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Greatest Cover Songs of All-Time

May 1, 2011

The cover song is a puzzling art-form. It is a reconstructive process in which one must honor and preserve the beauty of the past with the refreshing and renewing tools of the present. From Sonny Curtis to Trent Reznor, artists of the distant past and even yesterday have shown their capabilities to produce instant classics. Yet, its the ever-pressing challenge of music’s vehicles of today to occasionally remind us why these songs hold something golden. It’s not just in the artists, but in the art, that the time-defying values lay.

Here’s Hot Hot Music’s examination of a handful of classic cover songs that best exemplify a smooth transition from original, to cover.

“Take Me To The River”

Original Composition: Al Green & Malbon “Teenie” Hodges

Covered By: The Talking Heads

This 1974 soul classic by Al Green seemed hardly a choice cover for David Byrne and the rest of the Talking Heads, with zany, deconstructionist approach to 1980s new wave. Then again, the antithesis of mainstream turned out to be just that, as the Head’s translated Green’s chill, soulful vibrations into a dance hall classic of their own styling, employing multiple voices in their live performance with ingenious layers of instrumentation. A great example that songs know no such lines or barriers of genre as we do.


Original Composition: Collective Soul (Ed Roland)

Covered By: Dolly Parton

Parton has been on both sides of the cover song, as an orginator and reviver. Regardless, she has revealed the flexibility of her musicianship in dual retribution.

What turned out to be one of the signature hits from post-grunge leaders Collective Soul went on to become much more than another rock-radio recyclable. The tune was the first single off the Georgia band’s 1993 debut album Hints, Allegations and Things Left Unsaid, before being inherited by country songstress Dolly Parton for her 2001 album Sparrows. Hiring on members from prominent bluegrass group Nickel Creek, Parton took the spiritual and ethereal angles of “Shine” and molded them into a song of harmonic rejoice. Although Ed Roland and the rest of Collective Soul sternly denied any religious connotations within the lyrics of “Shine,” we’re eternally grateful that Parton carried its message with own angelic vocals; however you choose to interpret it.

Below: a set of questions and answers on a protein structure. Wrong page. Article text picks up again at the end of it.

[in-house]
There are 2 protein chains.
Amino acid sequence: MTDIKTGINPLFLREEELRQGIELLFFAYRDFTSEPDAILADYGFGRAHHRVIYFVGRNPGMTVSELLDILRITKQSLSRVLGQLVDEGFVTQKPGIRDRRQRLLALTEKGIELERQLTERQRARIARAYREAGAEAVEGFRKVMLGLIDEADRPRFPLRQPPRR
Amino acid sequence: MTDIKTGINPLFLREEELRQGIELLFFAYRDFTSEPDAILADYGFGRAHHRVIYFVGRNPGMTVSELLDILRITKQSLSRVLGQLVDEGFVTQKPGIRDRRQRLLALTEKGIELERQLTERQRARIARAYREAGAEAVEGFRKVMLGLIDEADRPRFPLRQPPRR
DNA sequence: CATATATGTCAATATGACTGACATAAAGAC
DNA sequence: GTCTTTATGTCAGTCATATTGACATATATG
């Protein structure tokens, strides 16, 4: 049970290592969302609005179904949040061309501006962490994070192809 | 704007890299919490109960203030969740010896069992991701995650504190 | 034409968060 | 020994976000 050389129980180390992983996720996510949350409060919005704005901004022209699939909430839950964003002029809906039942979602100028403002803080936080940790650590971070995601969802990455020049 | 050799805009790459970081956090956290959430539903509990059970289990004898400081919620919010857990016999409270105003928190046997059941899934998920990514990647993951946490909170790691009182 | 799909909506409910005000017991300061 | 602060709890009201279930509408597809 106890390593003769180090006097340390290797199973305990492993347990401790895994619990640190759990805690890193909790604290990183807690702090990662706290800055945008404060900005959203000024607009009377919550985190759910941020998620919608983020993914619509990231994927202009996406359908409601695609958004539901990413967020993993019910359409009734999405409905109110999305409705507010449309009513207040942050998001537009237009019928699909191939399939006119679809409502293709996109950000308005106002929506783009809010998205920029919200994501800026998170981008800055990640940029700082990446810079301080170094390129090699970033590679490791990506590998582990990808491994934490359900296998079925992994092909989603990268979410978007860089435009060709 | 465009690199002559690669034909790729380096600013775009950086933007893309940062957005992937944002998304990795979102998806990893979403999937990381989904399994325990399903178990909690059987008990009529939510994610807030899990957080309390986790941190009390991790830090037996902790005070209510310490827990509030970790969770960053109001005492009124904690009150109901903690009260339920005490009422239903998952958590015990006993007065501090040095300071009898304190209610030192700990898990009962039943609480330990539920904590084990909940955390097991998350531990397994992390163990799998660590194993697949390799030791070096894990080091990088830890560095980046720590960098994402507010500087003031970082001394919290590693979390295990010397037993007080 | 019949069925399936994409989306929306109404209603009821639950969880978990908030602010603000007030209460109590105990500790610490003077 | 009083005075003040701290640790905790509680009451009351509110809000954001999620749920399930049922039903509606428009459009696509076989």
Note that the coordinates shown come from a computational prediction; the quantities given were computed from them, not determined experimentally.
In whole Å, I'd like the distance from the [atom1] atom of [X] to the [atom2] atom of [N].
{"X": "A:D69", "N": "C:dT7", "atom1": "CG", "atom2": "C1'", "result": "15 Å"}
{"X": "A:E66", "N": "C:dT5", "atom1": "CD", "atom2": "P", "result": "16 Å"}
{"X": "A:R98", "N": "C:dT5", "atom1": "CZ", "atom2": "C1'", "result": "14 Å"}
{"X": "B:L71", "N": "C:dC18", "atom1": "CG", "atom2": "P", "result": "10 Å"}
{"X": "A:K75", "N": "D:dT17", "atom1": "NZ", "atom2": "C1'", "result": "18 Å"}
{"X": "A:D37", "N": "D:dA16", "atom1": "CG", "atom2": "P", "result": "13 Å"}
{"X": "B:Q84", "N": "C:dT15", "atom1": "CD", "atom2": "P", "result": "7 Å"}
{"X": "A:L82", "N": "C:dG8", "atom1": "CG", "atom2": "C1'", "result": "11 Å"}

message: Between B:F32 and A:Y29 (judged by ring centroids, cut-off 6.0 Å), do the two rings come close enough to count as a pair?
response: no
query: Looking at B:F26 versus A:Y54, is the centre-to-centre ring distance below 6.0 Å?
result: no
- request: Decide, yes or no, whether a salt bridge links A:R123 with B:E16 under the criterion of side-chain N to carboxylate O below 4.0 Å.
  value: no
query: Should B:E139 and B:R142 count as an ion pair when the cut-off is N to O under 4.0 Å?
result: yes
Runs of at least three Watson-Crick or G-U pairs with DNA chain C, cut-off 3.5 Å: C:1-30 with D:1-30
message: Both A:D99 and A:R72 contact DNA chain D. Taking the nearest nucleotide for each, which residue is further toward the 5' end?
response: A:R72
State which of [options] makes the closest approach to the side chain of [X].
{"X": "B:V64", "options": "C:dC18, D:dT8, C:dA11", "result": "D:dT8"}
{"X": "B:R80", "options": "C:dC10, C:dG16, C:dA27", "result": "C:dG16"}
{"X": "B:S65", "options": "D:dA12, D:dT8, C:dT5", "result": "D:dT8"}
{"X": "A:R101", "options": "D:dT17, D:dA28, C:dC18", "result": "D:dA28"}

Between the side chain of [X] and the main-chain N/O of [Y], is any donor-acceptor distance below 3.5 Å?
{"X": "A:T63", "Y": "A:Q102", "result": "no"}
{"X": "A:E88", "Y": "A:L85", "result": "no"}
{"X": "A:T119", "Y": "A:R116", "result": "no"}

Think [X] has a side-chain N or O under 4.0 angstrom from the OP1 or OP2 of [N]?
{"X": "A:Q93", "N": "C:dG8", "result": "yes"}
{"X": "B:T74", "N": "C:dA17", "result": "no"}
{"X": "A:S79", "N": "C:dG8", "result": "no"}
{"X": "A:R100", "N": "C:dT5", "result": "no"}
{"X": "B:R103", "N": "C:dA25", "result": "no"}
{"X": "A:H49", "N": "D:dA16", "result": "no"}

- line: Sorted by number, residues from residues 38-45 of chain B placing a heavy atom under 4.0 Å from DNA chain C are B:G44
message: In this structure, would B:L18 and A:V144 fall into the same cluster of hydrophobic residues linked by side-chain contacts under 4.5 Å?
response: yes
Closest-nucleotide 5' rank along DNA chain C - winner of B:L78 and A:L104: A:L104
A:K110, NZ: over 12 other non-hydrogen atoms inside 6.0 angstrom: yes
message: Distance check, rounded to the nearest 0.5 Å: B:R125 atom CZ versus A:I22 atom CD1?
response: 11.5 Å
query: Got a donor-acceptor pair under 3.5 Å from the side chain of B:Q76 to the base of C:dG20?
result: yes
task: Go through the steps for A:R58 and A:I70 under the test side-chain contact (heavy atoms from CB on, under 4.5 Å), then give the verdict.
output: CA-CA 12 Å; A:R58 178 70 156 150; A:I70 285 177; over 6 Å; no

Original Composition: Nine Inch Nails (Trent Reznor)

Covered By: Johnny Cash

From the heaven of “Shine” to the hell of “Hurt.” That’s how far you fall when listening to the ugly truths of life within Trent Reznor’s immortal tune. The 1994 single from Nine Inch Nail’s unforgettable album The Downward Spiral was nothing more than a counterculture goth relic until the late Johnny Cash inherited it for his own 2002, Rick Rubin-produced album American IV: The Man Comes Around. The cover would become, in many ways, an epitaph for Cash, who died only seven months after its release. Reznor hailed the cover, citing that it “still retains sincerity and meaning — different, but every bit as pure.Even Mark Romanek’s music video produced for the song was a dark, silencing piece of film-making that haunted you far beyond its closure. That’s true ‘hurt.’

“I Fought The Law”

Original Composition: The Crickets (Sonny Curtis)

Covered By: The Clash

Joe Strummer and Co. further solidified their legacy as political punk all-timers with their perfetly executed rendition of "I Fought the Law."

One of rock’s all-time classics, “I Fought the Law” sits alongside “Louie Louie,” “Johnny B. Goode,” “Rock Around the Clock” and “You Really Got Me” in rock song nobility. Arguably one of the greatest rebellion ballads ever, there was no better band to cover the tune in the late-1970s than political rock vanguards The Clash. Joe Strummer, Mick Jones, Paul Simonon and new drummer Topper Headon gave Sonny Curtis’ 1959 rockabilly classic a much heavier and attitude-driven sound, with heavy drums, distorted guitars and a unified wailing from the British youngsters. The ‘never-say-die’ attitude of punk never sounded so organized and effective.


Original Composition: Dolly Parton

Covered By: The White Stripes

White Stripes’ guitarist and lead singer Jack White always had a faithful affinity for classic female vocalists. Whether he was honoring Wanda Jackson, Loretta Lynn or Dolly Parton, the Detroit native reflected his respects for their harmonic musicianship with his own twisted garage-rock renditions. Dolly Parton’s 1974 tale of a daunting seductress invading the marriage of a loving wife strangely, translated well in White’s own, bluesy delivery. Thankfully, White protected the sanctity of the lyrics, not changing the perspective for his own, male approach, but rather saluting one of the most important rock songs written by a female.

“Live and Let Die”

Original Composition: Paul McCartney & Wings (Paul McCartney and Linda McCartney)

Covered By: Guns N’ Roses

Paul McCartney reminded us with his 1973 hit that the Beatles were not just about John Lennon. Alongside his bandmates for his post-Beatles band “Wings,” McCartney composed one of the most epic songs of the modern rock era in “Live and Let Die.” Strangely enough, the song was not included on any Wings album, excluding their  Wings Greatest compilation, but rather was originally written for the James Bond film of the same title, where it earned an Academy Award nomination for Best Original Score. It wasn’t  until 1991 when a rowdy bunch of rockers from Los Angeles, known as Guns N’ Roses, resuscitated the song from obscurity. The song was the second single from their Use Your Illusion I album. The intimate beginning was perfectly suited by Axl Roses’ vocal range and piano work, before Slash and Co. brought the noise, ingraining the eternal glory that has made this one of rock radio’s greatest staples.

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